Stroke remains a major public health issue and the second leading cause of death worldwide. The Hippocratic Corpus used the word apoplexy to describe a person collapsing while retaining pulse and respiration. This is believed to be the first written description of stroke. The theories of what caused stroke evolved over the years. When autopsies were performed stroke was attributed to emboli and thrombi formation. Carotid endarterectomies (CEA) were then performed for the treatment of stroke. Originally CEA were seen with skepticism but the North American Symptomatic Carotid Endarterectomy trial (NASCET) and the European Carotid Surgery trial (ECS) helped restore their efficacy in the management of ischemic stroke. A milestone in the management of ischemic stroke was the use of intravenous tissue plasminogen activator (tPA). Secondary to the limitations of the use of tPA other avenues were sought which included intraarterial recombinant prourokinase and mechanical thrombectomy. The field of mechanical thrombectomy continues to be rapidly changing and evolving. Various randomized controlled trials and meta-analysis have been conducted in order to evaluate who will benefit from mechanical thrombectomies, the timing, the best device to use and the role of combining this intervention with the administration of intravenous tPA.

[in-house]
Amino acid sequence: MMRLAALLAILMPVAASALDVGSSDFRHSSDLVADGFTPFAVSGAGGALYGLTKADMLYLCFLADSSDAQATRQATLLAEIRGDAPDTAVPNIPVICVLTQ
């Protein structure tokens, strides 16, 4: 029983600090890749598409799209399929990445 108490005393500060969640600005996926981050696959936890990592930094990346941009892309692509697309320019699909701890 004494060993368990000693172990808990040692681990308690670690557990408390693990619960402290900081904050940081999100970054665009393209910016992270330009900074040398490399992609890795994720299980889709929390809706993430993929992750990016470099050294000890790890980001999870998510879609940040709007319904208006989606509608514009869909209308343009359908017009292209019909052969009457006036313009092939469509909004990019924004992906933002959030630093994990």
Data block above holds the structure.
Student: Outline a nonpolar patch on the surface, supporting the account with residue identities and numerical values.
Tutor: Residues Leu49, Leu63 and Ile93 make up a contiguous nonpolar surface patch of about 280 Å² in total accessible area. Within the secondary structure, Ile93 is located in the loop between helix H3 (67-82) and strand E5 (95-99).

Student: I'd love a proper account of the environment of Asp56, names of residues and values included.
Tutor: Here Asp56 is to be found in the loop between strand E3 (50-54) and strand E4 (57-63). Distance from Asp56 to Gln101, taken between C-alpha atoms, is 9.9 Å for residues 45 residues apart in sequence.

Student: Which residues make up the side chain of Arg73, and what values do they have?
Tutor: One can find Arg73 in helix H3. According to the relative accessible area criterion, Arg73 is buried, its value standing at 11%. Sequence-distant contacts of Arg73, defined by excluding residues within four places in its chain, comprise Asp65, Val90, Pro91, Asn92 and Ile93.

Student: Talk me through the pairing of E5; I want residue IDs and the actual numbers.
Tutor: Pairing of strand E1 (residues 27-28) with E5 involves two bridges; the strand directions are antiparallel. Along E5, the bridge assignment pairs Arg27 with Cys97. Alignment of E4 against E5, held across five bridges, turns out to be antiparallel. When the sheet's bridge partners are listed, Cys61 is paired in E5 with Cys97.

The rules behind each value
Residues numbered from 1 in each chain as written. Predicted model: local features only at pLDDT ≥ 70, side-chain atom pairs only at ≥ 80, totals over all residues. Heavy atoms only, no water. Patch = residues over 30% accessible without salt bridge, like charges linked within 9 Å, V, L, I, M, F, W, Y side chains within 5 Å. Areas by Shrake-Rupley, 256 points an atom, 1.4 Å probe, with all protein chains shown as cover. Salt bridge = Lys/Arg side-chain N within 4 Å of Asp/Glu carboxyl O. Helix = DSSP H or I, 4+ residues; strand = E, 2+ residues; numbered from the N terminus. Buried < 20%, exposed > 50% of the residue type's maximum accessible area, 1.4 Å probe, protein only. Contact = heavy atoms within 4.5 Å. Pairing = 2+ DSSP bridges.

Part of the book: Frontiers in Clinical Neurosurgery